Zenytram Searom
Like perfect pitch, the ability to learn how to speak coesively sounds (and abstract thinks and facial recognition and empathy... and a lotta shit) is only for pre 2-3yo babies, that is what 2 millions years of evolution could get to us, if we miss this window we are not different than any monkey.

Hans-Georg Lundahl
@Zenytram Searom The point I was trying to get through is this:

pre-toddlers might invent language, but adults not having invented it would communicate "no" to them
adults who had not invented language might allow it to themselves to invent it, but would be past the age at which they could invent it

10:24 It does not occur that if the evolutionary pressure occurred, the group would die out rather than develop a larger neo-cortex?

I mean, evolutionary pressure is not creative, it's just culling out non-functioning genes to some extent.


Helena Handkart
Evolutionary pressure creates circumstantial screens through which favourable spontaneous mutations pass & unfavourable ones are excluded.

Hans-Georg Lundahl
@Helena Handkart Screens are not creative.

You said favourable ones pass, and unfavourable ones are excluded.

An evolutionary pressure will not create the mutation that boosts the neo-cortex.

Helena Handkart
@Hans-Georg Lundahl if by creative you nean wilful, then no, it does not need to be. mutations occurs spotaneously. Environmental pressures screen the favourable from the less so. Over millenia such pressures often result in similar types of response to similar situations. I understand you wish to believe in a wilful universal arbiter.

Hans-Georg Lundahl
@Helena Handkart By creative, I mean producing the result, the option.

Your "understanding" of my "wishes" is imaginary, since in fact I rule out any production of these mutations over history.

I am right now discussing the possibilities as they would normally look from an atheistic point of view, but without the wishful thinking that evolutionary pressure can produce good mutations.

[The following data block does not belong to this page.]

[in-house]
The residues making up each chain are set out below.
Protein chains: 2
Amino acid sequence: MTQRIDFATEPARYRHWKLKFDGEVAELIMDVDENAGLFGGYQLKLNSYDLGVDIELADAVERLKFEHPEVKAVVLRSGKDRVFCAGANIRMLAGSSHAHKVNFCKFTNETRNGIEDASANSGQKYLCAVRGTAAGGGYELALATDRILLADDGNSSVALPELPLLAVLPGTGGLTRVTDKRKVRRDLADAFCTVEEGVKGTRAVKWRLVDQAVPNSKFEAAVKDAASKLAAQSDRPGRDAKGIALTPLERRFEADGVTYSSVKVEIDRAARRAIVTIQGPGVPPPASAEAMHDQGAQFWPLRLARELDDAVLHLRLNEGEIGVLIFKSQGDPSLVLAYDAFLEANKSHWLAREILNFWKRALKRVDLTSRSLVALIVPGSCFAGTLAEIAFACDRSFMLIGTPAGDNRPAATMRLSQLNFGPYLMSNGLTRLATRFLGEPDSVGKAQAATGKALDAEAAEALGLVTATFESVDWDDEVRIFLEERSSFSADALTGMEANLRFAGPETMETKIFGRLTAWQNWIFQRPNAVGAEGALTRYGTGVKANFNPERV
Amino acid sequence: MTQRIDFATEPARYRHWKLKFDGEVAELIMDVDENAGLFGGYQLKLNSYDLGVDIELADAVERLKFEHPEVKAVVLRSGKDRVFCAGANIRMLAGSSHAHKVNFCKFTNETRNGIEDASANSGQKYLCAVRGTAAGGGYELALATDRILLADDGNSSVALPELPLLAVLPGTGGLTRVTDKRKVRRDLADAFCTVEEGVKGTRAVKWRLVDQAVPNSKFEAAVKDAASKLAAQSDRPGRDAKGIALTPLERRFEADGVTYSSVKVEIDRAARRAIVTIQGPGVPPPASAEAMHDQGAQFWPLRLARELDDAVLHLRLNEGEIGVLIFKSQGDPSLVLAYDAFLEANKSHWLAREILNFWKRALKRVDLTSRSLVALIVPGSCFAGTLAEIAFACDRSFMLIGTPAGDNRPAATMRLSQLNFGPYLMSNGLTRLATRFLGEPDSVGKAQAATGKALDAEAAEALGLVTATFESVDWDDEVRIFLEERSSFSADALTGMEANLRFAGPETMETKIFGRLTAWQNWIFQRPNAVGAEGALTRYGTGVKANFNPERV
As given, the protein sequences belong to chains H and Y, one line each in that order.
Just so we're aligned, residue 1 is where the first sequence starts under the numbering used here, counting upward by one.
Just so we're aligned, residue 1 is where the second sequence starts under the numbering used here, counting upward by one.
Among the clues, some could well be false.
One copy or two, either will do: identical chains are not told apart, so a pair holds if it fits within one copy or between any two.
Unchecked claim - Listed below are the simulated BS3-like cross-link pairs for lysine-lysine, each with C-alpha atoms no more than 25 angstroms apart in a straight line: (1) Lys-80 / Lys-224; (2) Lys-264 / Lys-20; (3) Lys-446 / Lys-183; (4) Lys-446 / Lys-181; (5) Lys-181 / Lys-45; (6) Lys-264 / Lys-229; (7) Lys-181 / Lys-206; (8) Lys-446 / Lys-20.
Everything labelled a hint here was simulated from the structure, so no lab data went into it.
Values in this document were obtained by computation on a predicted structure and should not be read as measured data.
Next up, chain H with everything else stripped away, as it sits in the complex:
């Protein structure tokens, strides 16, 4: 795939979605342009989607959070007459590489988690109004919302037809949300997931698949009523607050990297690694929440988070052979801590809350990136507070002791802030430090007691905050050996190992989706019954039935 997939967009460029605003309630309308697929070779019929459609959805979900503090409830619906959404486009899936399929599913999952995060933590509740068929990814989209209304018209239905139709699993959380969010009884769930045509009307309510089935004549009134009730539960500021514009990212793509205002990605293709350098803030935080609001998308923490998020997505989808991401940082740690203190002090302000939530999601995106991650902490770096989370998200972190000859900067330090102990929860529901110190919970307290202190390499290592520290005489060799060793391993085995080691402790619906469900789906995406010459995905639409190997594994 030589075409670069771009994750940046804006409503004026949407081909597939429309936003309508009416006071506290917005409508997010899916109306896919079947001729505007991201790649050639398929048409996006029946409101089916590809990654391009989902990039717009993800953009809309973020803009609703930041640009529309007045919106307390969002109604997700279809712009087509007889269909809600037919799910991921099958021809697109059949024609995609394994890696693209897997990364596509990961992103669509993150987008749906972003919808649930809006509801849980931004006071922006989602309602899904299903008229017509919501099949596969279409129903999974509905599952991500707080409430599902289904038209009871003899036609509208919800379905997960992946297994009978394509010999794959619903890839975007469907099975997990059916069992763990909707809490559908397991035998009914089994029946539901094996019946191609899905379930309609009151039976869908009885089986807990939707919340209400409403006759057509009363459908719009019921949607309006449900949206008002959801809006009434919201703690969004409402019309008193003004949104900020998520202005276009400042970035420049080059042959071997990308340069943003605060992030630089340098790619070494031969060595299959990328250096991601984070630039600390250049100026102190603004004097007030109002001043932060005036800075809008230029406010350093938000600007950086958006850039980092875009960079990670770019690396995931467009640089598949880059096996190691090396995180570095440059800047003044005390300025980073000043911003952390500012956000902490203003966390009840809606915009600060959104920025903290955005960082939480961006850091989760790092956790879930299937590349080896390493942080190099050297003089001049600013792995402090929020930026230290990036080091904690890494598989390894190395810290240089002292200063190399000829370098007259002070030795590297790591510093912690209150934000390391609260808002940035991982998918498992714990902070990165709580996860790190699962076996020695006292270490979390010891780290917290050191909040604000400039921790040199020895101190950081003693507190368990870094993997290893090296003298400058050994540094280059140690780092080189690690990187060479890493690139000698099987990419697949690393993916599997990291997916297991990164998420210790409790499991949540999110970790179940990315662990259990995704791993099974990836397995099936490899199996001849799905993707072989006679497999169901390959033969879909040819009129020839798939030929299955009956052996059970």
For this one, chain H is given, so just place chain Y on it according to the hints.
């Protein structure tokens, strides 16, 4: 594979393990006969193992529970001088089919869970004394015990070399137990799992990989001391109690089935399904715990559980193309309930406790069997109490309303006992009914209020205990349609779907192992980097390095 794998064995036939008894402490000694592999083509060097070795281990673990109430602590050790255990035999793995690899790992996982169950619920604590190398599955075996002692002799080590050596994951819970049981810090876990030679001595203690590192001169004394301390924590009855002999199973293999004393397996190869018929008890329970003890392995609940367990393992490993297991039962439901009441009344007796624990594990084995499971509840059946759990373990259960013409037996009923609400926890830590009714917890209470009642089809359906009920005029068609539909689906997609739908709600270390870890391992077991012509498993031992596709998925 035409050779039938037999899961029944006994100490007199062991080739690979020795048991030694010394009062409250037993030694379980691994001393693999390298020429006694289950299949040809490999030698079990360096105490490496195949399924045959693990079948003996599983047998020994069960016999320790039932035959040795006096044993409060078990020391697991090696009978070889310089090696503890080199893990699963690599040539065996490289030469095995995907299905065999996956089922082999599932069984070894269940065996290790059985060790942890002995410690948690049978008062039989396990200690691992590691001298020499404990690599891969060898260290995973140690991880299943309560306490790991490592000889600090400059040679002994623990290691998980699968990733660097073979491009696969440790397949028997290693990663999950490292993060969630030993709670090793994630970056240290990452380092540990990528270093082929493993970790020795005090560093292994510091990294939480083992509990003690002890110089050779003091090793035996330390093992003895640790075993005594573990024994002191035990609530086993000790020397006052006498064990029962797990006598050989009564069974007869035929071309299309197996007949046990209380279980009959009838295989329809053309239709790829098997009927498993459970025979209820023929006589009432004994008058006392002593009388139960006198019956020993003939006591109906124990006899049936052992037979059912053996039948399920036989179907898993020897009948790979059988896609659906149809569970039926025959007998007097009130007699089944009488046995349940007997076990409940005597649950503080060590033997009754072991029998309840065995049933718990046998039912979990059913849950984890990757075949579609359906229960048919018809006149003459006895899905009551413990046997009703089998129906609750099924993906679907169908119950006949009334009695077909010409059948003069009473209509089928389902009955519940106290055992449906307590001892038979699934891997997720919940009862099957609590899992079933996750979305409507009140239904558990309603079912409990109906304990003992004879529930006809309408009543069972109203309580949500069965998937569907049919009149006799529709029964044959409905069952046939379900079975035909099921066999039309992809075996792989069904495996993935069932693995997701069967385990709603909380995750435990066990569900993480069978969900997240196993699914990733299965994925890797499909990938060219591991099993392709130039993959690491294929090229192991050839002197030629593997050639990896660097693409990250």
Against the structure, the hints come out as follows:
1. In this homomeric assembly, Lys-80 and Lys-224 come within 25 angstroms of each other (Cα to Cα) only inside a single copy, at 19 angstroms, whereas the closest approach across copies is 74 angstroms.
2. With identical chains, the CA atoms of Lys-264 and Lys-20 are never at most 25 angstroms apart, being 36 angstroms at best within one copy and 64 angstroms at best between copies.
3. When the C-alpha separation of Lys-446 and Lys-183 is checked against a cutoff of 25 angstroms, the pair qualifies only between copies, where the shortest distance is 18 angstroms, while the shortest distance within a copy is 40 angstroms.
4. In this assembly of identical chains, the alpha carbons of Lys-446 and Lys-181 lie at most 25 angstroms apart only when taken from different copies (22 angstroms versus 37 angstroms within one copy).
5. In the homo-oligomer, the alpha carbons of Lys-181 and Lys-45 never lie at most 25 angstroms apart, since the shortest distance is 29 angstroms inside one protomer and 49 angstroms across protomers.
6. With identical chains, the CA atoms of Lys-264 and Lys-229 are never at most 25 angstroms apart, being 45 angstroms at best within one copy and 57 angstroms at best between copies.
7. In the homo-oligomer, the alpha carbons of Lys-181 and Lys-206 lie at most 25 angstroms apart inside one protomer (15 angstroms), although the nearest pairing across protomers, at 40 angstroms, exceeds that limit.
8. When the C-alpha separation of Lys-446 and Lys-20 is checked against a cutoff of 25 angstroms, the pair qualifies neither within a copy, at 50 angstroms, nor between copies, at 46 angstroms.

Now, explain how one simple mutation could augment the size of the neo-cortex - and supposing the question is just of size, not of types of brain cell.

For a new cell type, you would need several new genes (like there are ten genes in certain blind fish related to their retina, and mutations in two of them suffices to make them blind). One mutation does not produce several new genes.

Helena Handkart
@Hans-Georg Lundahl by your own definition then, it is creative. By all means keep it up if you must, to convince yourself.

Hans-Georg Lundahl
@Helena Handkart No, evolutionary pressure is not in my own definitions producing the options, it is only pushing already existing ones, which need to come into existence by sth else, i e mutations.

The problem is, as already asked: Now, explain how one simple mutation could augment the size of the neo-cortex - and supposing the question is just of size, not of types of brain cell.

Plus of course, between man and chimp, I am far from sure the chimp shares all our types of braincells.

What counts as a simple mutation? A change of "letters" (I think the scientific name is "codons") or a repeated sequence.

Your turn, if you have an argument.

Helena Handkart
@Hans-Georg Lundahl thankyou for defining your definition. That was helpful & interesting. Mutations are generally incremental & cumulative.

Hans-Georg Lundahl
@Helena Handkart Oh, are they?

Please do explain what you mean by mutations being "incremental"?

How are mutations "cumulative" other than cumulating copy mistakes and therefore degenerating the general aptitude for survival?

Could this be a piece of, not genetics proper, as studied in labs on individuals compared to their species (like human persons compared to human normality), but of "evolutionary genetics" as comparing different species just presumed to have a common ancestor?


Questions are just a polite way of using an imperative. At some point in prehistory 'Would you like to come back to my cave?' started working better than 'You, come back to my cave.'

Hans-Georg Lundahl
How, if tones and gestures were already available for being polite?

Plus, the question you mentioned is a rephrasing of an imperative, but not all questions are. "What are you eating" is not an order to eat sth. It is also not sth apes ask. Perhaps they do have a gesture for "show me your food" and the ape figured out this is what sign language for "what eat" means ...

Plus, you are presuming prehistory occurred - it is not historically recorded, only reconstructed.

@Hans-Georg Lundahl Tell me what you're eating.

Hans-Georg Lundahl
@gib Well, it is obvious that all questions allude to an imperative "tell me" ... but as apes have generally "show" rather than "tell" they are not likely to use it.

THANK YOU for the mention. Very good pronunciation, but in Swedish the g before e, i, y, ä, ö become [j] as well as after l or r at the end of a word, so Swedish is [je:orj], and in German the final g as word final has "Auslautverhärtung", so [ge:ork] (if any open o, that's not on the keyboard).